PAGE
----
23/03/2017 - 12:05

Western Force prospectus hits market

23/03/2017 - 12:05

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The Western Force is calling on the public to purchase $10 million worth of shares in the club in what it has labelled a “last call” to save it from being cut from the Super Rugby competition.

Western Force prospectus hits market
Rugby WA chairman Tony Howarth. Photo: Attila Csaszar

The Western Force is calling on the public to purchase $10 million worth of shares in the club in what it has labelled a “last call” to save it from being cut from the Super Rugby competition.

The Western Force has created a public company, Western Force Owners Limited, and has invited the public to purchase 10,000 A-class shares for $1,000 each, through the release of a prospectus today.

It follows a reiteration by the body that operates the Super Rugby and Rugby Championship competitions, SANZAAR, last week that it was possible that an Australian team would be cut from the competition.

Rugby WA chairman (and also WFO chairman) Tony Howarth said it was time for sports fans to get behind rugby and help save the Force by buying up the shares.

About 5,000 people have registered their interest in owning a stake in the club in recent months, Mr Howarth said.

At least one person has even committed to buying 10 shares at a total cost of $10,000.

The Force need to sell a minimum of 5,000 shares over the next four months for the new ownership model to go ahead.

If the Force can raise the minimum of $5 million needed, it would give them enough funds to buy back the franchise from the Australian Rugby Union, which took ownership last year.

Owners of the shares would also be entitled to a number of benefits including registration, membership and merchandise discounts.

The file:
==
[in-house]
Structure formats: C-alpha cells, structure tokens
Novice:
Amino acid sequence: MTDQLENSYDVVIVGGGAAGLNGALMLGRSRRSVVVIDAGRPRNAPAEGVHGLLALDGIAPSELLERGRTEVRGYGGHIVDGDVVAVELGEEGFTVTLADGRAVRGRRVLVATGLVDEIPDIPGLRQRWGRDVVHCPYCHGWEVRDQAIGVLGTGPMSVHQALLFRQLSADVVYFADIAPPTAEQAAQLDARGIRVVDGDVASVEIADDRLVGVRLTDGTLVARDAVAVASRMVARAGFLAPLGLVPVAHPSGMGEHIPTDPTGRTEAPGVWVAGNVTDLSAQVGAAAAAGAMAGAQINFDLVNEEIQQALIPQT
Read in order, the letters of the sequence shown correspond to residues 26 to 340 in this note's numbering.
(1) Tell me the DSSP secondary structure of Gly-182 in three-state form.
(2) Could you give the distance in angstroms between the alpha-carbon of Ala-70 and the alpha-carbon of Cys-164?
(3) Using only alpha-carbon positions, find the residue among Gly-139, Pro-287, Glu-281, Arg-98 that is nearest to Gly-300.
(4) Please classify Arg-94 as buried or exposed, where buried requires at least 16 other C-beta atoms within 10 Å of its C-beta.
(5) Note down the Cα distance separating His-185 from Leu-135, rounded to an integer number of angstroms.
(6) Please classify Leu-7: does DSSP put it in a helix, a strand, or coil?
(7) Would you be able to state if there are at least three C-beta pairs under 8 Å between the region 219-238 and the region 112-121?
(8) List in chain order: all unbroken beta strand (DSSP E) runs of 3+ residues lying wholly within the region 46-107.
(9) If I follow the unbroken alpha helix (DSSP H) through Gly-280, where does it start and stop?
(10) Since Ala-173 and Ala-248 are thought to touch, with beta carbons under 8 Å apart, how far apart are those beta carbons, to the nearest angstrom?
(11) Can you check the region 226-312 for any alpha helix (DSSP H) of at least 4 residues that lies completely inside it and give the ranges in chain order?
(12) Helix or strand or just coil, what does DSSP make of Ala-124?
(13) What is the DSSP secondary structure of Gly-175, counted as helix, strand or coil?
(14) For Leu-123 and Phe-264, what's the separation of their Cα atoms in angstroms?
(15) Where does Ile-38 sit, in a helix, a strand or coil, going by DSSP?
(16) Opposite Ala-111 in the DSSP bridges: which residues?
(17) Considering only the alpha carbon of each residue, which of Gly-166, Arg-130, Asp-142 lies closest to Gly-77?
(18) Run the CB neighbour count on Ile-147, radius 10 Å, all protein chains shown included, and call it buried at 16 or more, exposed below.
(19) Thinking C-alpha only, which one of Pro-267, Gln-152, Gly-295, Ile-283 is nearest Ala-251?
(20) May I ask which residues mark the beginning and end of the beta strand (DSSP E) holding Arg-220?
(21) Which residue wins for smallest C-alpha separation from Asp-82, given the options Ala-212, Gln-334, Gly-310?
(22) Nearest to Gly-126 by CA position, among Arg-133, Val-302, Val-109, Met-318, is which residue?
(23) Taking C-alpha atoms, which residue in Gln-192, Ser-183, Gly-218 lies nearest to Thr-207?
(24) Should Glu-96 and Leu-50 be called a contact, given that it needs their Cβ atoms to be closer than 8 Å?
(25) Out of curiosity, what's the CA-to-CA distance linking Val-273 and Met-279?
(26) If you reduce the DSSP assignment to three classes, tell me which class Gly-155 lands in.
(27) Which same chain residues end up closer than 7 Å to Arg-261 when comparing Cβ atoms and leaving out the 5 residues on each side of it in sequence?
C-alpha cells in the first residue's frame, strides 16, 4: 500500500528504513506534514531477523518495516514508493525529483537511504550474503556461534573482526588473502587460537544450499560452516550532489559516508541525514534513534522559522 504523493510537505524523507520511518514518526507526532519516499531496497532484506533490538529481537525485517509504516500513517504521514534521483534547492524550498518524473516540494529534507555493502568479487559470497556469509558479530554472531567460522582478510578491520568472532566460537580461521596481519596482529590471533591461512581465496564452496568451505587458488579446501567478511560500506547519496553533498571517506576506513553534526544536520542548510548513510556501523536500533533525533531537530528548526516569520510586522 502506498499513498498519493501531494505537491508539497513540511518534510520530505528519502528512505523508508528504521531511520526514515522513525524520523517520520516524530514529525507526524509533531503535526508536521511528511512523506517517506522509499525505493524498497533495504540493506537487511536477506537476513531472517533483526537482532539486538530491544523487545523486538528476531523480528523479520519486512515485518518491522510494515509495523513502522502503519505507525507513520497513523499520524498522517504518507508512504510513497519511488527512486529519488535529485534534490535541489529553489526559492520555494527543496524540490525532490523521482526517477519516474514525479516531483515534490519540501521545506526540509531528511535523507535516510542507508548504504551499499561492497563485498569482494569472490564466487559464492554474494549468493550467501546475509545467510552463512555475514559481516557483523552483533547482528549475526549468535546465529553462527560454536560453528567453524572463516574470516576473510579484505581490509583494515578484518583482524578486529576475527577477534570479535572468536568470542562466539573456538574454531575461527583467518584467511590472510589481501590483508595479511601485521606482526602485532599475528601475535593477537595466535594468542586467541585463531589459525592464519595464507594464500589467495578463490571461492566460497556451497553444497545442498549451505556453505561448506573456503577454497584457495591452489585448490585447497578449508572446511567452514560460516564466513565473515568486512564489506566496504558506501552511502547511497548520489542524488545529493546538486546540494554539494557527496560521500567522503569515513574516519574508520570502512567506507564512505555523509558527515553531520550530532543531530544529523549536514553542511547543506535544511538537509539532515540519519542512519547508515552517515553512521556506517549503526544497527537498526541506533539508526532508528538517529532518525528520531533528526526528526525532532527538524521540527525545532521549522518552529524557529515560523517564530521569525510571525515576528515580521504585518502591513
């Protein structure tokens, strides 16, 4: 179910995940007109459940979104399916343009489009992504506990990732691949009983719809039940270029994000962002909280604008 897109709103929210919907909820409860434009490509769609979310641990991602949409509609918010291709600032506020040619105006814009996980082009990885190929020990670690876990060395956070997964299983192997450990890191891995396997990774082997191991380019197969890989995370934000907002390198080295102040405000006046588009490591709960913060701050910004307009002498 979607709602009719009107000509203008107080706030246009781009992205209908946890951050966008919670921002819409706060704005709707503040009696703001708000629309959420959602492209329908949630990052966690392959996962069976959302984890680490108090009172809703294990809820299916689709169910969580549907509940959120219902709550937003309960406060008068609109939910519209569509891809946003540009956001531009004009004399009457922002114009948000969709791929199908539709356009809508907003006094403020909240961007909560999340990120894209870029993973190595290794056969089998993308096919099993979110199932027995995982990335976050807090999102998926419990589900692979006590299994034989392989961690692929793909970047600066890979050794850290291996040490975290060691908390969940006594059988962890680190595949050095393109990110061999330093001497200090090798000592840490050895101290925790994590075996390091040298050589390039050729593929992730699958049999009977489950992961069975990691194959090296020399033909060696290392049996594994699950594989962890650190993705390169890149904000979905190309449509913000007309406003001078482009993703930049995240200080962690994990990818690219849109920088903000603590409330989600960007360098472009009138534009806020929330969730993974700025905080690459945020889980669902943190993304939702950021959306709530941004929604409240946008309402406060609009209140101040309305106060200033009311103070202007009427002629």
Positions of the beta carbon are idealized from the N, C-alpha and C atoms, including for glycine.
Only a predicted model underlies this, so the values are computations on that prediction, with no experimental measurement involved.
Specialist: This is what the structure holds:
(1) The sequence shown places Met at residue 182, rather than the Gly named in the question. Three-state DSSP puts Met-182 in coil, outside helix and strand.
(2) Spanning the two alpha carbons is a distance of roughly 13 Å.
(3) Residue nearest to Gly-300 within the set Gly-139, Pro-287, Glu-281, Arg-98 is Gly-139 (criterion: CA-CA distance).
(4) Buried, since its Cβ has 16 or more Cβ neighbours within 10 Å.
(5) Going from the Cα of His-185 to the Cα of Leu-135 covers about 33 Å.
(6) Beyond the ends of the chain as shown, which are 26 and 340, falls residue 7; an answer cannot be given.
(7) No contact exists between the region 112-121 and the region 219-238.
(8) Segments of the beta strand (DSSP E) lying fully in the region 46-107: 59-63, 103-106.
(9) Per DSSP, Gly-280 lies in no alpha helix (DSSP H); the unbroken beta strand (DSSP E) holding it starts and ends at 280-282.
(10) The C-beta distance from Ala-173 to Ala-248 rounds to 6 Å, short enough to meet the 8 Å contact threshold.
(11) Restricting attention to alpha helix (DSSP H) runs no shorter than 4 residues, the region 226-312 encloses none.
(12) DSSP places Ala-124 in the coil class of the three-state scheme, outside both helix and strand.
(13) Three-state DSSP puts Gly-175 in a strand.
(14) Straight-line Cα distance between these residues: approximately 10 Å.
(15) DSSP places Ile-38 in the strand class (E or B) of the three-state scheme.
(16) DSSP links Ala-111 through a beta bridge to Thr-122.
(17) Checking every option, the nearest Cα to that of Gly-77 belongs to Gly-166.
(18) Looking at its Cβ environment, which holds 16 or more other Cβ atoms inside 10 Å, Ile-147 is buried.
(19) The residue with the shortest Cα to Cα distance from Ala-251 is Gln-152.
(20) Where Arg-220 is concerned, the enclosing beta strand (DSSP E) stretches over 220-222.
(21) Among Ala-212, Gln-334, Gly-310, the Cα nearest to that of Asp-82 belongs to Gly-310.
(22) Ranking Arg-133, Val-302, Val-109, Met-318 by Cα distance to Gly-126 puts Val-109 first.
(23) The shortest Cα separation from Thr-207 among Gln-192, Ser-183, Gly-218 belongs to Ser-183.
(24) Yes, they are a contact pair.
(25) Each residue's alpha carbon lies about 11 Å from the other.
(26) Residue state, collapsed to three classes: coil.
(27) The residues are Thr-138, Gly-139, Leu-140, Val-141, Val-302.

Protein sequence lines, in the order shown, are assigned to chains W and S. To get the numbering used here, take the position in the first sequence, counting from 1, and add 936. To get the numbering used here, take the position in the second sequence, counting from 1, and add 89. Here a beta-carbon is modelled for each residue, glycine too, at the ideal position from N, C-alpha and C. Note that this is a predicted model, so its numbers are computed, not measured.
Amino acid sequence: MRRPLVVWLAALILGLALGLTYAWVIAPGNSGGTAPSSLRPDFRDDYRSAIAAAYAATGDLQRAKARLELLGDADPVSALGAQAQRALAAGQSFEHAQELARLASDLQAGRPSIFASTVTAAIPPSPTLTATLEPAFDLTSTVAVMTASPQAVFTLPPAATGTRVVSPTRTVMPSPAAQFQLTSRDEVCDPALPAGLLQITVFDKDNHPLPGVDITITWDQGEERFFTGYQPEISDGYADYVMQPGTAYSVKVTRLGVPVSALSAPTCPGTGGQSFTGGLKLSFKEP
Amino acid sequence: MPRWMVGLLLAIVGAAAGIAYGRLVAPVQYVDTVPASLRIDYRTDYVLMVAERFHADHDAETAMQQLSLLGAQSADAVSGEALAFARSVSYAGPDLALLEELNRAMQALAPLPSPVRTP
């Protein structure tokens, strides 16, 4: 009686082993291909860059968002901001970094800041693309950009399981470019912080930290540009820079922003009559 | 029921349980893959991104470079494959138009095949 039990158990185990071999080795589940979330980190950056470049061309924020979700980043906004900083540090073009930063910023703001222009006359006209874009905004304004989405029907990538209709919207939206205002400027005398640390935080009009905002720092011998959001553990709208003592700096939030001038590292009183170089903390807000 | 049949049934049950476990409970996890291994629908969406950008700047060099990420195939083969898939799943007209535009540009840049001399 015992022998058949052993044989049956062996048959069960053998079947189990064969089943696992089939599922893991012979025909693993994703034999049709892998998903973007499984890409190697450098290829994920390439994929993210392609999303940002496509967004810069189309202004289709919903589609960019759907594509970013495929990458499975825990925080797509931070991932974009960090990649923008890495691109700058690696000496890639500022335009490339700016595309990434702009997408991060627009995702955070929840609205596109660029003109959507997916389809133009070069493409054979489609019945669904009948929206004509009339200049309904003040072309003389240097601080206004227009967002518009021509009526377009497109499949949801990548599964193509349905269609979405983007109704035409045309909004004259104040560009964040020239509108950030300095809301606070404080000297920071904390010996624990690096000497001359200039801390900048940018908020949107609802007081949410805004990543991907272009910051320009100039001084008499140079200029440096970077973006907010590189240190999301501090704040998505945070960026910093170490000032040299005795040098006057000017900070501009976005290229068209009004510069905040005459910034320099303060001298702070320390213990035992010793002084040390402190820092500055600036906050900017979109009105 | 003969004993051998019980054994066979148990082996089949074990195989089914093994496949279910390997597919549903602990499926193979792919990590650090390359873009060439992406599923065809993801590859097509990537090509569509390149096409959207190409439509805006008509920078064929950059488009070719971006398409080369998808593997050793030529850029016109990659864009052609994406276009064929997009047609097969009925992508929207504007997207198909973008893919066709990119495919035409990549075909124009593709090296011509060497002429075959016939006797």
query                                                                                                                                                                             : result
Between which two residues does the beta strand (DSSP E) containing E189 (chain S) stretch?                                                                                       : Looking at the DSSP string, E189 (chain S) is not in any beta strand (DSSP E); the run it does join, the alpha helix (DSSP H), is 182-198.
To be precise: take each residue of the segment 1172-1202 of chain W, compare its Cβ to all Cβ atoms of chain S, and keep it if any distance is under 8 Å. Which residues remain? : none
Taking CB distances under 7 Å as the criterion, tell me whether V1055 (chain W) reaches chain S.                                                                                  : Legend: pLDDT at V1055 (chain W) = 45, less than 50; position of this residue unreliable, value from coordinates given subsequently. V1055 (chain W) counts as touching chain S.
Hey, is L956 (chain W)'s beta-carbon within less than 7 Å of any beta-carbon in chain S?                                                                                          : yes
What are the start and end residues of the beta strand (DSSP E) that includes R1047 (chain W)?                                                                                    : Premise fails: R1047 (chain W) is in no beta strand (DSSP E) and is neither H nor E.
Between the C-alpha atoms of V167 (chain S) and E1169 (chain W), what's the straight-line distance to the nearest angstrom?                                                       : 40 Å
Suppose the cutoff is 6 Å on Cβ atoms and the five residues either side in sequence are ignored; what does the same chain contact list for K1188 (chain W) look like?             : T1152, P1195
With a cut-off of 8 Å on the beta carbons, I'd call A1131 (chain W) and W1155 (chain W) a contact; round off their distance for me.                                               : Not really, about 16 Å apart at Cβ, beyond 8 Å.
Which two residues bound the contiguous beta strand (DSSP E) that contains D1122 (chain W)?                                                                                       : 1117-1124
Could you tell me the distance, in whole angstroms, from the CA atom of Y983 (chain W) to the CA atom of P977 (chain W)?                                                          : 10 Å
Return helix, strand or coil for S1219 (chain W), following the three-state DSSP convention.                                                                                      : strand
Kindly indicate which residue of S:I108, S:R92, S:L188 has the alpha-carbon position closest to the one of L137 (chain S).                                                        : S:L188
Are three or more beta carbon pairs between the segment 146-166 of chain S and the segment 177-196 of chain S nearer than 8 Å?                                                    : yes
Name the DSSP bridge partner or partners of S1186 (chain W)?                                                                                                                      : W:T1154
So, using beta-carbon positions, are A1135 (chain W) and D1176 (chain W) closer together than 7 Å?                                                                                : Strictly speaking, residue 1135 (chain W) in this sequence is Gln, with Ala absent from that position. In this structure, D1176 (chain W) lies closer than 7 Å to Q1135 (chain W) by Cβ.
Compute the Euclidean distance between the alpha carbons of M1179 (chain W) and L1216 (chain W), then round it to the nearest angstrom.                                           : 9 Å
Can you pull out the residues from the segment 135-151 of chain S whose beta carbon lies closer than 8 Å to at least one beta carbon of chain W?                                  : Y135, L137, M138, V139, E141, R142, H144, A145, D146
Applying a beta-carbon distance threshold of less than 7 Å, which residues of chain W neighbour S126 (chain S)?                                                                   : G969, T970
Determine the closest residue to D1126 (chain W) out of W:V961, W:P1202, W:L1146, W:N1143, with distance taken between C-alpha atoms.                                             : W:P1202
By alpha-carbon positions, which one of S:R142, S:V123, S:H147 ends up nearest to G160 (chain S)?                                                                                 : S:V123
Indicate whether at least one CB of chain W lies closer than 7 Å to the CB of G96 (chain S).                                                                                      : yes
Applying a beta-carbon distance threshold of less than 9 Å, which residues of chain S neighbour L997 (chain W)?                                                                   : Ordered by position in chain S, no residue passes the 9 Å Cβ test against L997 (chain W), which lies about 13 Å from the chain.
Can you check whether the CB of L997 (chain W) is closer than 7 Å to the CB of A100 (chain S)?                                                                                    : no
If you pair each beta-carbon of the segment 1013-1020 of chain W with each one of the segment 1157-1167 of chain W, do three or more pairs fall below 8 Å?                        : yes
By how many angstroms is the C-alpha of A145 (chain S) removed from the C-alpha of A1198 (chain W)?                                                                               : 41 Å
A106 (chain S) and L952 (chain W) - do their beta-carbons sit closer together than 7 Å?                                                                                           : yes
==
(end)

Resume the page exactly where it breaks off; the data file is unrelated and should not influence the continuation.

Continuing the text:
“The support to date has shown the strength of the Western Australian rugby community,” Mr Howarth said.

“Players and the club are thrilled, but now it’s crunch time, and we need more West Aussies to get behind the future of the club.

He said the investments would allow WFO to begin negotiations with the ARU for the Western Force operating licence.

“If we are successful in securing the licence fans will own the club and we’ll have the rights to operate a professional Western Australian team that can participate in the Super Rugby competition,” Mr Howarth said.

No definitive timeline has been set by SANZAAR and the ARU to make any decisions about possible franchise axings.

It means Force fans are being asked to put money forward for a share without knowing whether their team will get the axe or not.

But Mr Howarth assured fans that if the team does get axed, all money will be refunded on purchased shares.

Force skipper Ben McCalman said he and the rest of the player group had committed to buying shares.

Application forms are expected to be released next week.

Mr Howarth conceded the Force had been run on life support for the majority of its existence, but hopes the new ownership model will help turn the franchise into a powerhouse, both on and off the field.

STANDING BY BUSINESS. TRUSTED BY BUSINESS.

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